Short-latency saccades to targets among nontarget backgrounds are often directed to the center of the entire (target + nontarget) stimulus configuration. This "averaging" or "center-of-gravity" tendency has been attributed to an automatic, reflexive saccadic response to a poorly-resolved visual signal. We investigated the role of high-level processes by varying the probability of the target appearing in one of two locations. Subjects were asked to make a saccade to a target " + " located above-right or above-left of a central fixation point. A nontarget (" × ") was in the other location (directional separation = 30 deg). The mean latencies were short (180-230 msec) in accordance with instructions. Mean saccadic direction was shifted to the right by 24-52% of the directional separation of the stimulus pair as the probability of the target appearing on the right increased from 0.2 to 0.8. The difference in saccadic directions as a function of the actual target location was small and independent of probability, showing that probability introduced a bias without affecting the discriminability of the target from the nontarget. The effect of probability was reduced when the discrimination of the target from the nontarget was easier (square vs triangle), and abolished (saccadic accuracy near perfect with the same average latencies) when the target was presented alone. The results show that the direction of short-latency saccades, initiated before the target has been distinguished from a nearby nontarget, is based on the prior history of target locations and expectations about the future location of the target. High-level plans can account for effects of nontargets on saccades. To infer that a reflexive sensorimotor averaging mechanism exists solely on the basis of observed saccadic "centering" tendencies is unwarranted.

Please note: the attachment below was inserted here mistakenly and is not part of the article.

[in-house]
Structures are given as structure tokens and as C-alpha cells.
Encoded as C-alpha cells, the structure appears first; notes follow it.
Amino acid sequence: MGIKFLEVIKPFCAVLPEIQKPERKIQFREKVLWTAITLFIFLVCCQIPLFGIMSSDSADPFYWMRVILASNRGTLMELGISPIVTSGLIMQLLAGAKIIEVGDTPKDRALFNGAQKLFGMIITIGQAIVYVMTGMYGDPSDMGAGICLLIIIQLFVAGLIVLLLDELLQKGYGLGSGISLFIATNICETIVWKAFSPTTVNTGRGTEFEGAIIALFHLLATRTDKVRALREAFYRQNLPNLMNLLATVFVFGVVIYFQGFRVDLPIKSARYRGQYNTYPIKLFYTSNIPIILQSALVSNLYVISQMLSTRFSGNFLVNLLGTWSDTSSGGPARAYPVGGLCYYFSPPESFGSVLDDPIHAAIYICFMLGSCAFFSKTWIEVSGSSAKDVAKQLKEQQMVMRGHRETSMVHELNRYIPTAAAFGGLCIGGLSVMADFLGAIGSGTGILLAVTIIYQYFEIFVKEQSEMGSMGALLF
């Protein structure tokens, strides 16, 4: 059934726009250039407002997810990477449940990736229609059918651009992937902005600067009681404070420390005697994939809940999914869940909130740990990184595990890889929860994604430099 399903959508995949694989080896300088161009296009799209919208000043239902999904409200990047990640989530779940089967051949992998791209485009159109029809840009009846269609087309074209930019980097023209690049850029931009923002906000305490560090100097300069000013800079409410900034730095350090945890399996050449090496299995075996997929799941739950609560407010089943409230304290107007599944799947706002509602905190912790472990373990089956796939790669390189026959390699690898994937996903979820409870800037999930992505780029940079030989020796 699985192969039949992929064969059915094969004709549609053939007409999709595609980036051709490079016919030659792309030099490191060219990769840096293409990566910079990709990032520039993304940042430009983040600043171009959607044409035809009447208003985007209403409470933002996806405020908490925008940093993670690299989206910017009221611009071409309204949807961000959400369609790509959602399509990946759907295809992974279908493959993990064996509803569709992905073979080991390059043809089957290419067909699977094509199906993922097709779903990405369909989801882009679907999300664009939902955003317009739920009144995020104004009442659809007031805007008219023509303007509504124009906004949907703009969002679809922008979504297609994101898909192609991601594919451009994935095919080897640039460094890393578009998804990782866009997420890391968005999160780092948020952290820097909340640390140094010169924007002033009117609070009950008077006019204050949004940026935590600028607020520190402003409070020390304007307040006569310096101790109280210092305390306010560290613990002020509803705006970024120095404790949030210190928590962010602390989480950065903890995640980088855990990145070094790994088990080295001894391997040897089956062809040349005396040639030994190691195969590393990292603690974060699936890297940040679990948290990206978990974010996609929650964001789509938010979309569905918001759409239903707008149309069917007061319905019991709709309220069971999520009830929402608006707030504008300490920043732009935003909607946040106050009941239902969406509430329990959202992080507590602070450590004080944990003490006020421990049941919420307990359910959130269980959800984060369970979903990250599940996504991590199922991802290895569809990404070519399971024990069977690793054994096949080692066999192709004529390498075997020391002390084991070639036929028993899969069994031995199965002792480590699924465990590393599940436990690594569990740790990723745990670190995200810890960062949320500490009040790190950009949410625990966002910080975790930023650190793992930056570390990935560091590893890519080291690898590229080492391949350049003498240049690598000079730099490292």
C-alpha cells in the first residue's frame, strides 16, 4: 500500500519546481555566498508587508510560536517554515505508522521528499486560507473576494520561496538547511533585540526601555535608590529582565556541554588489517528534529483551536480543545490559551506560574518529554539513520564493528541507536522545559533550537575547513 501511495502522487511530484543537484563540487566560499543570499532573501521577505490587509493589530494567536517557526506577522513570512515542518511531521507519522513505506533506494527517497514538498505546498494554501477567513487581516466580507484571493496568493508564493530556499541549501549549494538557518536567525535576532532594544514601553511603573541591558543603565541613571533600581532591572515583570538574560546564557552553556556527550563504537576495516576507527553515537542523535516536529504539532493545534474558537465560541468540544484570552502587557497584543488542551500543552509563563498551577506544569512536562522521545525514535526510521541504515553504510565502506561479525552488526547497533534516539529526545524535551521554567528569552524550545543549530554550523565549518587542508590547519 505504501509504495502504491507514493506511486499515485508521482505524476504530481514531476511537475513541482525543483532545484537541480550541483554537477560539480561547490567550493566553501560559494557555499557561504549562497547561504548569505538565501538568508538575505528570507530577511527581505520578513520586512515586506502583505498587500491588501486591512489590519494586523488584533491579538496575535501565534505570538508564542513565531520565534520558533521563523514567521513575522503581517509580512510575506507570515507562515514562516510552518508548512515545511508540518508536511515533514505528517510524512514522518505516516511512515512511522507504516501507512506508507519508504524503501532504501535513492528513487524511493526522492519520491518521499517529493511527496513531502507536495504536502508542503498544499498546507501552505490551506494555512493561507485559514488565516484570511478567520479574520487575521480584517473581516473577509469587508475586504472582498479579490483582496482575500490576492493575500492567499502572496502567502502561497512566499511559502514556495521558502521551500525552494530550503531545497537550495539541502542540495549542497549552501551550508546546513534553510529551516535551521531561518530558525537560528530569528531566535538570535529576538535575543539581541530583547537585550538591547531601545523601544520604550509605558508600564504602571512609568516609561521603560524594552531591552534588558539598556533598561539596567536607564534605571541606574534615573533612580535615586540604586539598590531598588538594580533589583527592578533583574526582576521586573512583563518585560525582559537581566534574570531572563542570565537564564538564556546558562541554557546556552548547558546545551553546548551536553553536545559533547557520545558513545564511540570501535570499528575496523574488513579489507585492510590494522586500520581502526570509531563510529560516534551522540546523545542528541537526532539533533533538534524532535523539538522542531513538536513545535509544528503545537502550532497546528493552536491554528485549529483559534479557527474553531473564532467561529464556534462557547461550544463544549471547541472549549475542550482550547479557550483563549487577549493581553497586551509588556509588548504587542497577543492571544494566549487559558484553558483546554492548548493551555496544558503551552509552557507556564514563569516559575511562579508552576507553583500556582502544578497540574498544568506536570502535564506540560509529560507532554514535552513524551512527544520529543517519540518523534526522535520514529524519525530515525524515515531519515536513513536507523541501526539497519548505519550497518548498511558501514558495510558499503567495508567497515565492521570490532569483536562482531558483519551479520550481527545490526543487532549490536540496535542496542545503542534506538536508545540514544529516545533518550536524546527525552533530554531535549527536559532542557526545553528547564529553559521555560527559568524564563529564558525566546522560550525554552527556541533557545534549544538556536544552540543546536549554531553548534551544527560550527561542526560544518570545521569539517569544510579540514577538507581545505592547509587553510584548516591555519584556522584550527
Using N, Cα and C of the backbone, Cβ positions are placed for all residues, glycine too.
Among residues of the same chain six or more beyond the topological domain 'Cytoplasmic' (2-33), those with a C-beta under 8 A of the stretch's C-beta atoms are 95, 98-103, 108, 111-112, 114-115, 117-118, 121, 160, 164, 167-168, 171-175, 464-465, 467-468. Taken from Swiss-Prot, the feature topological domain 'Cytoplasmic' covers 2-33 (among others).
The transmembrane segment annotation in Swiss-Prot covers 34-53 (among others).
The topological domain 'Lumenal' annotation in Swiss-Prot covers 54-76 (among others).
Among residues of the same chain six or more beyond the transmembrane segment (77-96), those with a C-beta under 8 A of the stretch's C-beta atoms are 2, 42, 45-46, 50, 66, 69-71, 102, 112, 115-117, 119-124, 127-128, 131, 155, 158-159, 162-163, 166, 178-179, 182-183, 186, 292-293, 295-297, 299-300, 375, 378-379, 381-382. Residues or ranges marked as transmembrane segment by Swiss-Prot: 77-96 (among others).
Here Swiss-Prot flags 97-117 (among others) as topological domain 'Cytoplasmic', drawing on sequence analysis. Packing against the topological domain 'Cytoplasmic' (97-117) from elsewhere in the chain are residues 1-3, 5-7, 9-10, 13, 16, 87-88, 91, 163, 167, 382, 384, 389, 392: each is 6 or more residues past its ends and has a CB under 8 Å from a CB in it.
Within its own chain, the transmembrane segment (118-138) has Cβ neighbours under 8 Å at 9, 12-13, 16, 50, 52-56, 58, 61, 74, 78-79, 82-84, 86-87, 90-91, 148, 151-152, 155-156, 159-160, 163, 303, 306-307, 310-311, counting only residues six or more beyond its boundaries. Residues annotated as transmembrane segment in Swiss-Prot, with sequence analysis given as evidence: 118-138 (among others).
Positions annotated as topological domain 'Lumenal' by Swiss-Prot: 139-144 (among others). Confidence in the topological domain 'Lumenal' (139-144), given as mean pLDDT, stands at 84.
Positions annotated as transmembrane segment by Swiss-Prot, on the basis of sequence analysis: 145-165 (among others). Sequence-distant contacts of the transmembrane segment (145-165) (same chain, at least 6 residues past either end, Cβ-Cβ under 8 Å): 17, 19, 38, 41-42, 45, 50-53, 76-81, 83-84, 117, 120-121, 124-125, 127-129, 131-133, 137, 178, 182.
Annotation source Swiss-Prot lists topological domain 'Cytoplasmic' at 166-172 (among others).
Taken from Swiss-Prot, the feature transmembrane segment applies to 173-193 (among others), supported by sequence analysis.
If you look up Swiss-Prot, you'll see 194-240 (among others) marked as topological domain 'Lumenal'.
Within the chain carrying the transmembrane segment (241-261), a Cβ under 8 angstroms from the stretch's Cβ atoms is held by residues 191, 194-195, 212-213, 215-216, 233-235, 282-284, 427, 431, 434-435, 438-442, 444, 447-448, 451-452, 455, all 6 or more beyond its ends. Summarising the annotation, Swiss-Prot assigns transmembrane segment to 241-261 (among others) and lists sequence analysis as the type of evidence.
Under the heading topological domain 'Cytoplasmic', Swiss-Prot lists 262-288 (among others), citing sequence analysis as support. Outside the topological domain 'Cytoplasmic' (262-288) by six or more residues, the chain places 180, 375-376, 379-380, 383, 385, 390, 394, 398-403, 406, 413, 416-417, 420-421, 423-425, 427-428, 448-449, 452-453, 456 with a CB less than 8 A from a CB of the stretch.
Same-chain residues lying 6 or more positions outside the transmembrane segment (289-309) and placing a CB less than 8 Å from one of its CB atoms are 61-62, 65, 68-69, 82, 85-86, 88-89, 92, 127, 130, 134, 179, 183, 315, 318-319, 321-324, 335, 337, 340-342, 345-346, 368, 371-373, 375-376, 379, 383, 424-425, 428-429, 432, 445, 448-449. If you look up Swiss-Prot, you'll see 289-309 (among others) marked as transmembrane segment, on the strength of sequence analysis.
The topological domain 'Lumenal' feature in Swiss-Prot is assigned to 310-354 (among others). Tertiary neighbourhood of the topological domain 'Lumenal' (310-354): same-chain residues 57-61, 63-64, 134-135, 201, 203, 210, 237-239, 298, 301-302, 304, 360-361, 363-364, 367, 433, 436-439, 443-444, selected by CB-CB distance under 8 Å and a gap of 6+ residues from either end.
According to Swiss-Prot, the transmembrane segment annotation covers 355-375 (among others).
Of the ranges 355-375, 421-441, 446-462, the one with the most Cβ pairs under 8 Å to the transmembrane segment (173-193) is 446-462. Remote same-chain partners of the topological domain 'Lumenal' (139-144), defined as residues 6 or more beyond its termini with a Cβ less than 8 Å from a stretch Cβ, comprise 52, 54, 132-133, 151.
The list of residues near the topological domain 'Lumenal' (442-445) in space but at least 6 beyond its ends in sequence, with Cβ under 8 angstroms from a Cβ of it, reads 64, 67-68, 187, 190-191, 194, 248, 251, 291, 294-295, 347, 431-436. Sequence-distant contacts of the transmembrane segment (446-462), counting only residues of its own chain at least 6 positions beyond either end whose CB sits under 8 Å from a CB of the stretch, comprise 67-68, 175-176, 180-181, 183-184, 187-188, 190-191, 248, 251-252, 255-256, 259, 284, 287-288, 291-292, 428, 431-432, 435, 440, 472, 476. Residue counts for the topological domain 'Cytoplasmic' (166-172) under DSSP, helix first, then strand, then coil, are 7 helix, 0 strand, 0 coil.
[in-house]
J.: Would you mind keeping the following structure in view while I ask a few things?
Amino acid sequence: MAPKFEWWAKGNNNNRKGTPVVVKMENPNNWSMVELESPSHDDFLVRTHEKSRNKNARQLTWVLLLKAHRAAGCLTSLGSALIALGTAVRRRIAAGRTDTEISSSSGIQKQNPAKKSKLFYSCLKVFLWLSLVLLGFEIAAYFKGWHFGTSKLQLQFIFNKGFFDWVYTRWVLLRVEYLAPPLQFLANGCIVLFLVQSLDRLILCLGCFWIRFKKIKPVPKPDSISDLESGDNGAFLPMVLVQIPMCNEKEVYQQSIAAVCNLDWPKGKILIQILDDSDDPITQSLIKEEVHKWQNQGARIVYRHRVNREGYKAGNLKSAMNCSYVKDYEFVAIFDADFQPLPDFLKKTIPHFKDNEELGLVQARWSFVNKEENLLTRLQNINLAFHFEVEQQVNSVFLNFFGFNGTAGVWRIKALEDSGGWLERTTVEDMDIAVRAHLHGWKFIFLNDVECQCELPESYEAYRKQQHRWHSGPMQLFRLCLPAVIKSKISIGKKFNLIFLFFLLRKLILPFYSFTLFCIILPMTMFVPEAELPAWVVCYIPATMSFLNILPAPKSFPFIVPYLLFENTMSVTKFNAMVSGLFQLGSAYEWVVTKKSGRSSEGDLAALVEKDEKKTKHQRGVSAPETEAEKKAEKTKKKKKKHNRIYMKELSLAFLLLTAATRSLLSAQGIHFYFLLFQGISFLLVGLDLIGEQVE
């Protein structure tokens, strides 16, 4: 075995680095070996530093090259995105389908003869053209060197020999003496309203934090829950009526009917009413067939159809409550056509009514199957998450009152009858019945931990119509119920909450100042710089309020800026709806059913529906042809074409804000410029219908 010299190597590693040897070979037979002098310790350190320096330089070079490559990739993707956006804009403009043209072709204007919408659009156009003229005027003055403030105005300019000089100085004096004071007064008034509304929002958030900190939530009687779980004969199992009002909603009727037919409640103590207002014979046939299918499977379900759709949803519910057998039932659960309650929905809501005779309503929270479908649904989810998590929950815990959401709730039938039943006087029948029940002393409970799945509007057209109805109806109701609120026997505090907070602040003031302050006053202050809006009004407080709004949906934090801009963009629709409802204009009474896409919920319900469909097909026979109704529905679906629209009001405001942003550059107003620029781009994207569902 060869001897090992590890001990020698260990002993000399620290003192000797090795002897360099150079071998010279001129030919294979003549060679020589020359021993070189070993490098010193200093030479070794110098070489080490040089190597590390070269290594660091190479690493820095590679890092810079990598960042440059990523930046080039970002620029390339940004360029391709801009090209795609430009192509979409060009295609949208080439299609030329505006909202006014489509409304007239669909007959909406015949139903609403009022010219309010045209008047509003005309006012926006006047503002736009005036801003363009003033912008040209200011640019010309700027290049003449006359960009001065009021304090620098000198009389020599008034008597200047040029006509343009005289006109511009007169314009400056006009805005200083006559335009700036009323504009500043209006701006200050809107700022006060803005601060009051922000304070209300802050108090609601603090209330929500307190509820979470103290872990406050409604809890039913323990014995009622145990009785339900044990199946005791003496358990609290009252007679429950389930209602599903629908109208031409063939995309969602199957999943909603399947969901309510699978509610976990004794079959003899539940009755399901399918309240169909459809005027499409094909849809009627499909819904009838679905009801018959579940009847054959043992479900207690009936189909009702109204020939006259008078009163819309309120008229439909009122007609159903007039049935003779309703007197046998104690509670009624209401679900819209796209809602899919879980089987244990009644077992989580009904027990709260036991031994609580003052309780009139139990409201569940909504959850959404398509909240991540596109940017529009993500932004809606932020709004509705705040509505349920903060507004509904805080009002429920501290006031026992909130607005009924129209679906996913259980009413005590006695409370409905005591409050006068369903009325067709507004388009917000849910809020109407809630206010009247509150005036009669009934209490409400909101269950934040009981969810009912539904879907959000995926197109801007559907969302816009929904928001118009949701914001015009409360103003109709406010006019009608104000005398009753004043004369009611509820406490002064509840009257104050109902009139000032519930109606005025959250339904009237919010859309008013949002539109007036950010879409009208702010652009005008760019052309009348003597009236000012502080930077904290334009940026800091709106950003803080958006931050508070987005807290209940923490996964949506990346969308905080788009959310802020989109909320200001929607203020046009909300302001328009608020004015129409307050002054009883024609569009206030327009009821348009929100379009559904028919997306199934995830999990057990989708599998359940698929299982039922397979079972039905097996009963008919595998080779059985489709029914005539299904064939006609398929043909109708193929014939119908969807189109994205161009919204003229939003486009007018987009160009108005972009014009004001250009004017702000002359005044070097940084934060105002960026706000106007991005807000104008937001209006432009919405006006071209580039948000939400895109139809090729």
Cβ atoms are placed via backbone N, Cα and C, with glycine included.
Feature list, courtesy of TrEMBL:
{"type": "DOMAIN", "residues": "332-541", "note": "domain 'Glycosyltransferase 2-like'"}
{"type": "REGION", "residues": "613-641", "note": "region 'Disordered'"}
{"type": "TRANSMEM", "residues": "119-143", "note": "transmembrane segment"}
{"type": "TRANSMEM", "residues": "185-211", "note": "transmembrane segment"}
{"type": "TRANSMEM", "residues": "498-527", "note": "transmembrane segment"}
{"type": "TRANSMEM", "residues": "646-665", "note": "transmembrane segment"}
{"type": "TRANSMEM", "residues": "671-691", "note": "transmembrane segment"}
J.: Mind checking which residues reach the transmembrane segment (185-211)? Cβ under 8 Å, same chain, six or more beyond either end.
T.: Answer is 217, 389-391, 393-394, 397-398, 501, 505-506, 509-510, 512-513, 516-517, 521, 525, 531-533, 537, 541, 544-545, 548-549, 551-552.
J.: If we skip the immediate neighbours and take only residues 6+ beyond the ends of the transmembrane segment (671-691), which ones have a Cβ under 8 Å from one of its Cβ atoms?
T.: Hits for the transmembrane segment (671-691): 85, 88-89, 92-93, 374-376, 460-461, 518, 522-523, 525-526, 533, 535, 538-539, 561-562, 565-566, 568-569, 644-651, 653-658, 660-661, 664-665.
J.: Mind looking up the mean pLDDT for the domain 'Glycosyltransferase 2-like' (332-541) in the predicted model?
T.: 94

All Science Journal Classification (ASJC) codes
- Sensory Systems
- Eye movements
- Visual attention